Bunny roused up a little later, when some one came into the farmhouse. The little boy thought it was Bunker and Ben, but he was too sleepy to get up and ask. He heard some one, that sounded like his grandpa, ask:

"Did they wash away?"

Then Bunker's voice answered:

"Yes, they both washed away. It's a regular flood down in the meadow. Everything is spoiled!"

"I wonder--I wonder if he means the circus?" thought Bunny, but he was too sleepy to do anything more, just then, than wonder.

In the morning, however, when the storm had passed, Bunny Brown and his sister Sue heard some bad news. After breakfast Bunker and Ben came in and Bunker said:

"Well, little folks, I guess we can't have any circus!"

"No circus!" cried Bunny, and he was so surprised that he dropped his fork with a clatter on his plate, waking up Splash, the big dog, who was asleep in one corner of the room.

"Why can't we have a circus?" asked Sue. She and Bunny had almost forgotten about the storm the night before.

"We can't have a circus," explained Bunker, "because both our tents were washed away during the night. The brook, that is generally so small that you can wade across it, was so filled with rain water that it was almost turned into a river. It flooded the meadow, the water washed out the tent poles and pegs, and down the tents fell, flat. Then the water rose higher and washed them away."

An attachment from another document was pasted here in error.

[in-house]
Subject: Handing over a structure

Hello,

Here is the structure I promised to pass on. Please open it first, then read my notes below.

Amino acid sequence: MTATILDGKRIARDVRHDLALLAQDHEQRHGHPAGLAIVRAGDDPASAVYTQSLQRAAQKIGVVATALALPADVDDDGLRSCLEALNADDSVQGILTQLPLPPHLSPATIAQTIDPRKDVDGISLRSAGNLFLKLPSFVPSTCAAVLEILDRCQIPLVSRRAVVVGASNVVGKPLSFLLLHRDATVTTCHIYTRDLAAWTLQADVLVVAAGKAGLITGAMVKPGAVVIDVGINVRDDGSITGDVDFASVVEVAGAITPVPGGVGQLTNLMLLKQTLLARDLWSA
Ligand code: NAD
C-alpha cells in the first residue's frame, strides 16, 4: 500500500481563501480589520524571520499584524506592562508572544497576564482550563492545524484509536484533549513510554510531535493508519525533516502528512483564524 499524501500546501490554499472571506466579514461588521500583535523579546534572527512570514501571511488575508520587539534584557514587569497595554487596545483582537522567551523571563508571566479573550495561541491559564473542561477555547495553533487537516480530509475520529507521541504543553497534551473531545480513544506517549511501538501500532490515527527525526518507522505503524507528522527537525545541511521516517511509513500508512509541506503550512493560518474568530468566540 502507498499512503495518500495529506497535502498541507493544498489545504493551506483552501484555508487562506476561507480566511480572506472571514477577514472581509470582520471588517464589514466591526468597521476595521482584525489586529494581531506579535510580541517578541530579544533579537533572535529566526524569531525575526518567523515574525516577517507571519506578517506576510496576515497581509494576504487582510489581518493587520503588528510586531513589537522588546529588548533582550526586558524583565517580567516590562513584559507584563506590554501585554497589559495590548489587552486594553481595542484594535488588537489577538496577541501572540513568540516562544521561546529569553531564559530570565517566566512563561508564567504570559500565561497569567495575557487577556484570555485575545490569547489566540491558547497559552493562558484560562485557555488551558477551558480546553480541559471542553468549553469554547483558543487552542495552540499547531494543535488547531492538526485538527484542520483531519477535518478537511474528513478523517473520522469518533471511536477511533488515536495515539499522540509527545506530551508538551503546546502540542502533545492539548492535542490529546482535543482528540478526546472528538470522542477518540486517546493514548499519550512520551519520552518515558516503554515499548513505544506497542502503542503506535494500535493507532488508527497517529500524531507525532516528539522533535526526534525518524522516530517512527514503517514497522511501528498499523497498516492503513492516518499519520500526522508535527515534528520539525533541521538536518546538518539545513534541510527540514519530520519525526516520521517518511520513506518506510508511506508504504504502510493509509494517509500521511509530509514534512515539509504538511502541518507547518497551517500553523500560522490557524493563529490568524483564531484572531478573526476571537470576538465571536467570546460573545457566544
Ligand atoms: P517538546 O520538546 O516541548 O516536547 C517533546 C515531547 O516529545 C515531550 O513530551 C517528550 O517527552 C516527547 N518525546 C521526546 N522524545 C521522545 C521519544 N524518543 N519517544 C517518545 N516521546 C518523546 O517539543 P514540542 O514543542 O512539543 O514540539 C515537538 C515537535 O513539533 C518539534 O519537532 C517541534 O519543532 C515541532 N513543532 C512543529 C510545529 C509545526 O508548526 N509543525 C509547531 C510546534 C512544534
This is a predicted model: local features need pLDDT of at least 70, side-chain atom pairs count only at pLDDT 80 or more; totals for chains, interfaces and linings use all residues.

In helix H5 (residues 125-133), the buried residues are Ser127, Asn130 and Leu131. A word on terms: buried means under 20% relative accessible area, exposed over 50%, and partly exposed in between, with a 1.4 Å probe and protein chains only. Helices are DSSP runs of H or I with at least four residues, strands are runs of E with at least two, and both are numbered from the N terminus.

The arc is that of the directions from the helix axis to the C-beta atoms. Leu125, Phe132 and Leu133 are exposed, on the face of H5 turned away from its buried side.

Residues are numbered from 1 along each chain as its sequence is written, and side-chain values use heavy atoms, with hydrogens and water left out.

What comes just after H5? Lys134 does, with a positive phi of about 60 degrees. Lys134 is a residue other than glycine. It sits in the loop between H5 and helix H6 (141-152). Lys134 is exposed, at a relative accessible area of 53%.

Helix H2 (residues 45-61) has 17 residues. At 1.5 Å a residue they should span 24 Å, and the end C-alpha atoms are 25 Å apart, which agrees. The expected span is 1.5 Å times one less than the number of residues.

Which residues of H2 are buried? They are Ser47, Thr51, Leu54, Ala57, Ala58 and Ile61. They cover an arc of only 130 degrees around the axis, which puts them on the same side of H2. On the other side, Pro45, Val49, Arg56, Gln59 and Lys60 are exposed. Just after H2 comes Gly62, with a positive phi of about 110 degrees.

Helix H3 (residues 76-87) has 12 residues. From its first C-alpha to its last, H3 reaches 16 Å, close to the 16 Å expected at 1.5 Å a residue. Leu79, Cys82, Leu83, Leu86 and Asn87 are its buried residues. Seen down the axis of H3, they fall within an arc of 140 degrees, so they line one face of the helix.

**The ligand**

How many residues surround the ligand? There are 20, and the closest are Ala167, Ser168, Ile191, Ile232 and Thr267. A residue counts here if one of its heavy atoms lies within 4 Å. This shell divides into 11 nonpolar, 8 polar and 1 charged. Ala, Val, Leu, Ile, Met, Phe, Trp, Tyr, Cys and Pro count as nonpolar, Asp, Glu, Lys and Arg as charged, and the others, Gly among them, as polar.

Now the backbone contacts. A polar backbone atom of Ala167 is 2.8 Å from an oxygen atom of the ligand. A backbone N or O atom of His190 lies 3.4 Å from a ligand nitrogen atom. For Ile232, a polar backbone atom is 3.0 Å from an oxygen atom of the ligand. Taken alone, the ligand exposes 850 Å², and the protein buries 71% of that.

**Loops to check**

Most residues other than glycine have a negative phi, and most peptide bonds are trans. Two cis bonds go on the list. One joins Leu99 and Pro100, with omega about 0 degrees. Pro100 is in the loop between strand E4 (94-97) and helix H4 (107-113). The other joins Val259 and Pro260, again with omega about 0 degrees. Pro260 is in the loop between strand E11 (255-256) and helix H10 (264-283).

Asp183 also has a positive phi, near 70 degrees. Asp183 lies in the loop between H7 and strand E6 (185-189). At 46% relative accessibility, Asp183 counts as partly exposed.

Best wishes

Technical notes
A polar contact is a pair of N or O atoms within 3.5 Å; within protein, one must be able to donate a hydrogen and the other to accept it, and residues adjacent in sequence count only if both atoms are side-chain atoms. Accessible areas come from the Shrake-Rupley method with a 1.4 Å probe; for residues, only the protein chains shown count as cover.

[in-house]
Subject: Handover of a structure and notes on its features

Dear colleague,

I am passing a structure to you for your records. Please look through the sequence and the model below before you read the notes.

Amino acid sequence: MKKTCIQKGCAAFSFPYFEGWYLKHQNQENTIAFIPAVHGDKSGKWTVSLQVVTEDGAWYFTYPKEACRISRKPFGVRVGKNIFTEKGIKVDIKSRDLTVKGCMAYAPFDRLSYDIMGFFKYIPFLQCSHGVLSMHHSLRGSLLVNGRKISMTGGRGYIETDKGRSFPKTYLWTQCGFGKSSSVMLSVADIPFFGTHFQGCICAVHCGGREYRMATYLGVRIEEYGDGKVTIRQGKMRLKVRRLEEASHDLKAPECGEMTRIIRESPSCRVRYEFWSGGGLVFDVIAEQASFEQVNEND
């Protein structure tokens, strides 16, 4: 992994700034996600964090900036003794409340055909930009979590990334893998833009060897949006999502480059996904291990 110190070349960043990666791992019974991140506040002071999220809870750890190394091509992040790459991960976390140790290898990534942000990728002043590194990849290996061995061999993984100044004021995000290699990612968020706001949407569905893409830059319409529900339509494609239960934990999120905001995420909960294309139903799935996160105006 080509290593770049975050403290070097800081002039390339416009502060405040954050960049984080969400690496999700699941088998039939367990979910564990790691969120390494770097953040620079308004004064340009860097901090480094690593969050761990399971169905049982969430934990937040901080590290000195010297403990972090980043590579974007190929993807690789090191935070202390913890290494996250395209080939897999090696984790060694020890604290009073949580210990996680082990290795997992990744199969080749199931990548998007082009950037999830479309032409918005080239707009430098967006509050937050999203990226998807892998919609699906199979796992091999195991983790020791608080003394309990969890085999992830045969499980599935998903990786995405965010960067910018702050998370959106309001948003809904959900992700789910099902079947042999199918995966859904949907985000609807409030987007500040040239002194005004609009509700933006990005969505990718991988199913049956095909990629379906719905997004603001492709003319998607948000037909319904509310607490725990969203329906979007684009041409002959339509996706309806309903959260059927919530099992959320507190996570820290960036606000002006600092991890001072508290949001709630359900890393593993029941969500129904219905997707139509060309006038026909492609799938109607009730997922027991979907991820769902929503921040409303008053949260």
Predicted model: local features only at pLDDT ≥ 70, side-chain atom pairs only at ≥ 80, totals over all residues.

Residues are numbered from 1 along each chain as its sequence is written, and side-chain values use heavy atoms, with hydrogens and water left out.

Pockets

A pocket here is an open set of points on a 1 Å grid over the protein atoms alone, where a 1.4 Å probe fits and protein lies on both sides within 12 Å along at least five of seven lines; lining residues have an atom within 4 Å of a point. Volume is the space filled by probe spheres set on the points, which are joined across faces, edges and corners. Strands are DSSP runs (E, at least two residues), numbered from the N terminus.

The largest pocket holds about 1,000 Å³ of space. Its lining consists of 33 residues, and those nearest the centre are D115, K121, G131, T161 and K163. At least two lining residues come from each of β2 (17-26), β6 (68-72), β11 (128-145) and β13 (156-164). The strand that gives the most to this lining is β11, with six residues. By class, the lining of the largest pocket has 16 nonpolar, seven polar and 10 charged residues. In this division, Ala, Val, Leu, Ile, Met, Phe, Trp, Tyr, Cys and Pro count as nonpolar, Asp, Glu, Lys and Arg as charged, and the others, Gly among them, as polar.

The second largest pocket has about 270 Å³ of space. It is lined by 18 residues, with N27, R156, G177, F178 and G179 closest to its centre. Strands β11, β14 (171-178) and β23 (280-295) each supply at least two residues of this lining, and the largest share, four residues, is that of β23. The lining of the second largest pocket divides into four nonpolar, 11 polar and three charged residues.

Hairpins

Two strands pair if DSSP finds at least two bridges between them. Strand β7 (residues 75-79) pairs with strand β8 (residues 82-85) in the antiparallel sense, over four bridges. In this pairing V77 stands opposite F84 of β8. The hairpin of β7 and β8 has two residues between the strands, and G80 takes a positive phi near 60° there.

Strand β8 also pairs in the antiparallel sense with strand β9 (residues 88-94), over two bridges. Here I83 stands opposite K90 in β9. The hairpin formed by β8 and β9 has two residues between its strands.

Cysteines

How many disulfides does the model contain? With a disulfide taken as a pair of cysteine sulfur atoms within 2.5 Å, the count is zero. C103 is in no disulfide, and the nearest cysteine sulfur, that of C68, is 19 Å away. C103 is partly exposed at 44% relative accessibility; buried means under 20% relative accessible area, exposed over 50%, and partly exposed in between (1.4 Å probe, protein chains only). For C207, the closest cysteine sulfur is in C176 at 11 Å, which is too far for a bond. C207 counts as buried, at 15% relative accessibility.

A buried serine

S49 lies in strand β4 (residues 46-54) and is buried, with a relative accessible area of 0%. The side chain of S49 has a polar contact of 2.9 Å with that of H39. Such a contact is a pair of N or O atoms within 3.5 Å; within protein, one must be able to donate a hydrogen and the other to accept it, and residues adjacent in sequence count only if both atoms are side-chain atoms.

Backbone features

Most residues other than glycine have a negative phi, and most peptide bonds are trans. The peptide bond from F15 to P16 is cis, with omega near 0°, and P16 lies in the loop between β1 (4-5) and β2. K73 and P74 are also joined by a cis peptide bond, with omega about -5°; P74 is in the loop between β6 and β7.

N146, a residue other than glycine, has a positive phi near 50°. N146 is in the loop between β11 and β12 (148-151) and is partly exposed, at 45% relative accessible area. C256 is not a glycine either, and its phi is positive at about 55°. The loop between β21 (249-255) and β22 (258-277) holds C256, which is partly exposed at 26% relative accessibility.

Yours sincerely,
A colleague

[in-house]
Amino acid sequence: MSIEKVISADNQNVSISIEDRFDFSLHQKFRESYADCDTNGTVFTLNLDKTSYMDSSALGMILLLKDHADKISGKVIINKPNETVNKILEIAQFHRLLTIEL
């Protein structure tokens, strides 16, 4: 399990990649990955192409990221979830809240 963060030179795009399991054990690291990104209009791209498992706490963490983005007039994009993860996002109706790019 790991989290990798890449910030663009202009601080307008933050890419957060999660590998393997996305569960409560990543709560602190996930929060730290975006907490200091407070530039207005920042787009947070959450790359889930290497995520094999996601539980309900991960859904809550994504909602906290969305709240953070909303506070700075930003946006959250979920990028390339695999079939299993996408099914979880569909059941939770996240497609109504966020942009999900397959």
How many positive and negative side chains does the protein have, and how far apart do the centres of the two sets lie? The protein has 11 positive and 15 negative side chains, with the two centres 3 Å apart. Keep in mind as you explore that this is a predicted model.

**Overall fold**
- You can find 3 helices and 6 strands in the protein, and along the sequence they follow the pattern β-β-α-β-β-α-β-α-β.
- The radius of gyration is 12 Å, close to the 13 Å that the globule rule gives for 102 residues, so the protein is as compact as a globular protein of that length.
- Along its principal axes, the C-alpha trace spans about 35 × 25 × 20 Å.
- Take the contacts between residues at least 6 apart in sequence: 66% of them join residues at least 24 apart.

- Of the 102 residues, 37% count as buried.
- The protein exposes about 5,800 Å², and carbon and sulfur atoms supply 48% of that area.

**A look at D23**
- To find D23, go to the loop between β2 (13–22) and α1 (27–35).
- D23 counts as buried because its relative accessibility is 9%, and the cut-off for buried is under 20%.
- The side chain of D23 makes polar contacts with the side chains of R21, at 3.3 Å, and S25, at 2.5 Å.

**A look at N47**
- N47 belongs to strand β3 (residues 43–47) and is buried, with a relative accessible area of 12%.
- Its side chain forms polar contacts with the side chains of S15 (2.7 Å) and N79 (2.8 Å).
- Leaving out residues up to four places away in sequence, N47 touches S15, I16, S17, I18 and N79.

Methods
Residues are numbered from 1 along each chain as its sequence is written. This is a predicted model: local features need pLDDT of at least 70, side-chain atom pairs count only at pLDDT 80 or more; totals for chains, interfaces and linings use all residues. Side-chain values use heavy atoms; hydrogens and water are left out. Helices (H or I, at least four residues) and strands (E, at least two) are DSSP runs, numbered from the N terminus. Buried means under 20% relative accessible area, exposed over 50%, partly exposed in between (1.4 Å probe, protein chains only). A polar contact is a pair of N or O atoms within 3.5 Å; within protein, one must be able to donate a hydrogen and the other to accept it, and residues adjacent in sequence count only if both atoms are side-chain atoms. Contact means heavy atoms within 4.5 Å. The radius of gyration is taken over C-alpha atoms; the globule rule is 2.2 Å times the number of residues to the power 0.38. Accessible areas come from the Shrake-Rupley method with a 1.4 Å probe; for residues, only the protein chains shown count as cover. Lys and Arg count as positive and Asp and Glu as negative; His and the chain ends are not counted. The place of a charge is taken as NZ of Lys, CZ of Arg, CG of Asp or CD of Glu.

"Where did it wash them?" asked Bunny.

"Oh, away down toward the river, I guess. I'm afraid we'll never get 'em back."

"It's too bad," said Ben. "Just when we were all ready for the nice circus. But, Bunker, we won't give up yet. We'll look for those tents, and maybe we can put them up again."

"Well, maybe we can do it," said the red-haired boy. "But I'm afraid everything is spoiled."

"We'll help you look for the tents," said Bunny. "Won't we, Sue?"

"If--if the water isn't too deep," said Sue. She was always afraid of deep water, though she, like Bunny, was learning to swim.

"Oh, the water isn't deep now," Bunker assured her. "It was a regular flood in the night when Ben and I went out to look at it, but it has all gone down now, since the rain stopped."

"Was it deep when you were out last night?" Bunny wanted to know.

"It surely was," answered Bunker. "It was almost over our boots. We couldn't get near the tents, and we had to watch them be knocked down by the flood, and carried away on the big waves. Then we came back to the house."

"We couldn't do anything in the dark, anyhow," remarked Ben. "But now that it's daylight maybe we can find the tents."

"We'll help--come on!" exclaimed Bunny to his sister.

They finished their breakfast, and, after promising to keep out of mischief, Bunny and Sue were allowed to go with Bunker and Ben to look for the missing tents.